ln -s /musiclib/jazz /home/joe/jazzmusic
The above command creates a soft link (really a special file) called "/home/joe/jazzmusic" that refers to "/musiclib/jazz". It does basically the same thing as the "mount --bind" except that it only has to be done once (not every time the system boots) and it uses the same exact file permissions to access the folder. Joe can only write into the "/home/joe/jazzmusic" folder if he can write into the "/musiclib/jazz" folder.
Soft links remain even if the "target" they refer to is deleted. Even though the links remain, they will act like the file doesn't exist, since they don't link to anything.
So what are hard links. A hard link creates another name for a file. Both names point to the file, and neither one is a more or less direct way to access the file. The file remains on the disk until both names are deleted. You can only create hard links to files within the same filesystem, so they are less versatile than soft links. All the hard links that refer to a file share the same permissions, so you can't create hard links to a file with different permissions. Here's an example of a hard link.
ln /musiclib/jazz/countbasie.mp3 /home/joe/basie.mp3
Even if someone deletes the "countbasie.mp3" file, the "basie.mp3" name for it will still exist, and so will the actual file. A soft link would have left a useless file called "basie.mp3" that linked to nothing.
There are "special files" that can be created in the virtual filesystem. They are used to access character and block devices. There's nothing magic about the "/dev" directory. What's magic is the files in the "/dev" directory. For example "hda1". Files that represent a device are created (anywhere) using the "mknod" command.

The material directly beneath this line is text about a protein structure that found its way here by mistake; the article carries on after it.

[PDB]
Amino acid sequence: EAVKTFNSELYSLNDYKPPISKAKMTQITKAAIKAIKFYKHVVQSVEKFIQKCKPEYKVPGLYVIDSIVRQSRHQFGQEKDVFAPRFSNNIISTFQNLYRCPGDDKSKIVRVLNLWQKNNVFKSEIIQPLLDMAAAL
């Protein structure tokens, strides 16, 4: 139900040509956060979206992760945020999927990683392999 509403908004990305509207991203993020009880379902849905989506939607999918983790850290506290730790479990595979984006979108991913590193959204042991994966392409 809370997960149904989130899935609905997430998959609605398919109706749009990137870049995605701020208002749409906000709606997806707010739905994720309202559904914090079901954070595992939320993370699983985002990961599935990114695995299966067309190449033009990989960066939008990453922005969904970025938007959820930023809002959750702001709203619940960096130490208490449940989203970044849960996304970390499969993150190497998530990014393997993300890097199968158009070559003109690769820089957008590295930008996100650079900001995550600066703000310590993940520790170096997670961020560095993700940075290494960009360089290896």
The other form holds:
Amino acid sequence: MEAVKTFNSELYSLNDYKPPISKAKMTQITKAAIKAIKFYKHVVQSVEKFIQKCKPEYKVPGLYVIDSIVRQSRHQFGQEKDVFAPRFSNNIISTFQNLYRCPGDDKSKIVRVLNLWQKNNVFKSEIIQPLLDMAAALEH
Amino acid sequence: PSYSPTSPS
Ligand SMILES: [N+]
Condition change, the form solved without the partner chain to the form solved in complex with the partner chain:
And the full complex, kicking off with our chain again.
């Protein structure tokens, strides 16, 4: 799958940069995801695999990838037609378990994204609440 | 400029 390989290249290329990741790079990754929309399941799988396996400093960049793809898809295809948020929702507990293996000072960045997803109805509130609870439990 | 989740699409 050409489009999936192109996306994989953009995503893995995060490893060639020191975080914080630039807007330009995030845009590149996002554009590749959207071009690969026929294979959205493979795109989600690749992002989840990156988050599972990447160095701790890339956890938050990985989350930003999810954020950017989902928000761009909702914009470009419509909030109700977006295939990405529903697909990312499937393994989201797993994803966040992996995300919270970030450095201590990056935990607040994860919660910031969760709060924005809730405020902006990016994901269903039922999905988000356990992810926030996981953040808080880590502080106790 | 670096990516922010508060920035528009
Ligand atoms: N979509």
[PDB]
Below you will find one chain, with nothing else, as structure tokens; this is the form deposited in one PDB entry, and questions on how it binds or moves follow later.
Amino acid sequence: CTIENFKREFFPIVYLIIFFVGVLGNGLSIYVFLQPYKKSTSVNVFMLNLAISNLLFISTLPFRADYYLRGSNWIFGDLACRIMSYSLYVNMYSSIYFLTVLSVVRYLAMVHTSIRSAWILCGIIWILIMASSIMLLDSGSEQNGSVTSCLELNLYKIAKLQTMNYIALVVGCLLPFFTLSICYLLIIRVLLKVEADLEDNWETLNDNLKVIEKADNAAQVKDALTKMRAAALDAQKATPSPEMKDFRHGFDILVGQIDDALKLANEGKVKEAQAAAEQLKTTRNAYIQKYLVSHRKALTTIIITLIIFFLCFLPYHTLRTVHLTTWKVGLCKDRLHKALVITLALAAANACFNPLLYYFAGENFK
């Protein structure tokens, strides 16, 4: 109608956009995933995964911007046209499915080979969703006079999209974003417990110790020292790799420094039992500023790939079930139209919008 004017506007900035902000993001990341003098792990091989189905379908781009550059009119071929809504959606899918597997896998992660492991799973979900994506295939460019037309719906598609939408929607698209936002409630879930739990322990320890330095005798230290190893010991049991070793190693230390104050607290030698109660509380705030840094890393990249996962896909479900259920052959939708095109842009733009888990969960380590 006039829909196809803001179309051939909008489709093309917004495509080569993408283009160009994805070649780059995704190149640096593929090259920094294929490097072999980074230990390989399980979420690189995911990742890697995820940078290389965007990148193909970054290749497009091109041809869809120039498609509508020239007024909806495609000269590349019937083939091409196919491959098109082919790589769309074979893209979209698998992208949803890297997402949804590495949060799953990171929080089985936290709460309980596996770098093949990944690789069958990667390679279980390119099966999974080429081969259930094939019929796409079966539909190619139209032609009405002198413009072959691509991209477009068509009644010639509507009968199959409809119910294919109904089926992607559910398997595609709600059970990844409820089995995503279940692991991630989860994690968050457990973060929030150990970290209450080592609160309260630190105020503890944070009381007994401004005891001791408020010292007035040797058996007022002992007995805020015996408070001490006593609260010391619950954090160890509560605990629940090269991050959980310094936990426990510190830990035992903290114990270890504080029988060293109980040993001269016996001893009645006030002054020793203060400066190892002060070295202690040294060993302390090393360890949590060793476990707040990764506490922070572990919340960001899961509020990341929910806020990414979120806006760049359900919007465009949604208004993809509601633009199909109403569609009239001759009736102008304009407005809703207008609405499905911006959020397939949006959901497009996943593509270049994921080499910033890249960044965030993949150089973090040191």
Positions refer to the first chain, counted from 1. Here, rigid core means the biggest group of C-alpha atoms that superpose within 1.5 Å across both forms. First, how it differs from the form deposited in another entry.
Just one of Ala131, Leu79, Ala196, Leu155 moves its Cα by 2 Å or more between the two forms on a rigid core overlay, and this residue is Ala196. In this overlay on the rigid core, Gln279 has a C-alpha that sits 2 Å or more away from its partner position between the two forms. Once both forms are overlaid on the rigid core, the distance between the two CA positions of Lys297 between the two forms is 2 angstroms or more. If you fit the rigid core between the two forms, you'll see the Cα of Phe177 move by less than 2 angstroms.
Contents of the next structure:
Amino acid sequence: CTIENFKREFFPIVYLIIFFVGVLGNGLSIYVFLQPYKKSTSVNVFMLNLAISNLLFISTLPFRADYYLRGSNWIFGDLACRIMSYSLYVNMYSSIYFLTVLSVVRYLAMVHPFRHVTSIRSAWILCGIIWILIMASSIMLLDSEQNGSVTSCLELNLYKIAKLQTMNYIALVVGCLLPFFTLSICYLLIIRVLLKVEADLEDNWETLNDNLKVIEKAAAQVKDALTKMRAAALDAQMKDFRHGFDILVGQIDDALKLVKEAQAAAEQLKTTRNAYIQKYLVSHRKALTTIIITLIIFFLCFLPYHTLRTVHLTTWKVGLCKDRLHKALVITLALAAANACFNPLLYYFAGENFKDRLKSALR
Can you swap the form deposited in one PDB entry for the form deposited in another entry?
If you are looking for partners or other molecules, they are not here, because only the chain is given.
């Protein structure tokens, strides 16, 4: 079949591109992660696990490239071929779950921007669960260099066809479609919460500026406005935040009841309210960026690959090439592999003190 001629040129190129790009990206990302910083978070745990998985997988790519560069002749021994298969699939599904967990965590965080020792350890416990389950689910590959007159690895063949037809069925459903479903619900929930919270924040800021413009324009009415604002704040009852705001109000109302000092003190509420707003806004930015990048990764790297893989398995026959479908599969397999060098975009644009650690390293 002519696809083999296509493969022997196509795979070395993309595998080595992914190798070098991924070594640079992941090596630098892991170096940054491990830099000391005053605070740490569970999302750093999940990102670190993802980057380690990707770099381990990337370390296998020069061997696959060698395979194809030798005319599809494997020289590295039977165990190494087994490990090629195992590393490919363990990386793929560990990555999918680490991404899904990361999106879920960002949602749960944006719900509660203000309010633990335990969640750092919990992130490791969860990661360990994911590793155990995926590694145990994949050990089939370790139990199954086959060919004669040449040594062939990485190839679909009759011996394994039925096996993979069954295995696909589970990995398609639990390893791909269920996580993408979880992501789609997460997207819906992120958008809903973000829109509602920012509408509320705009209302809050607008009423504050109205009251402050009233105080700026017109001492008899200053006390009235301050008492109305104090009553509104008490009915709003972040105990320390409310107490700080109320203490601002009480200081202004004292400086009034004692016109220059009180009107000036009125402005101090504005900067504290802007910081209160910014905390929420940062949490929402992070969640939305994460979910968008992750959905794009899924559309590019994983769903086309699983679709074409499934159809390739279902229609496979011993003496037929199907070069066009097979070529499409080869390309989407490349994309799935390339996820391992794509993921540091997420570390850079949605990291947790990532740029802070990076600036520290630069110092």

mknod hda1 b 3 1
The above command creates a file to access a device. The name of the file is "hda1". The device is actually identified internally to Linux as major ID 3, minor ID 1. Major device numbers are defined by the Linux operating system. Minor device numbers depend on what disks or sub-devices the driver can access. The point is that you can give a device any name you like, and as long as the major and minor ID are correct you can access the device. Older versions of Linux have a static set of device names under "/dev". Newer versions of Linux create the device names under "/dev" based on the devices detected after booting.
If you want an alias for a device name it's better to create a soft link to the standard device name. That way if the device ID changes in a new version of Linux, your alias will still work correctly. In fact that's what Linux does when it creates aliases for device names automatically.
The last thing I'm going to mention about the virtual filesystem is that it can mount filesystems that aren't actually associated with hard disk partitions. For example, you can have a ram disk as the Linux root directory. Boot CDs often do that. There are also "pseudo" filesystems that really aren't used to store normal files and folders. A pseduo filesystem called "proc" will let you read information about your Linux system. You use the normal "ls" and "cat" commands to list information and you can access the "proc" filesystem within scripts just like normal folders and files. The "proc" filesystem is normally mounted as "/proc".
mount -t proc proc /proc
The filesystem type is "proc" and the device name "proc" is really not important, since it is ignored.
Well, that pretty much covers the major points. Look at the information for the various commands if you want to know more.
man -S 5 proc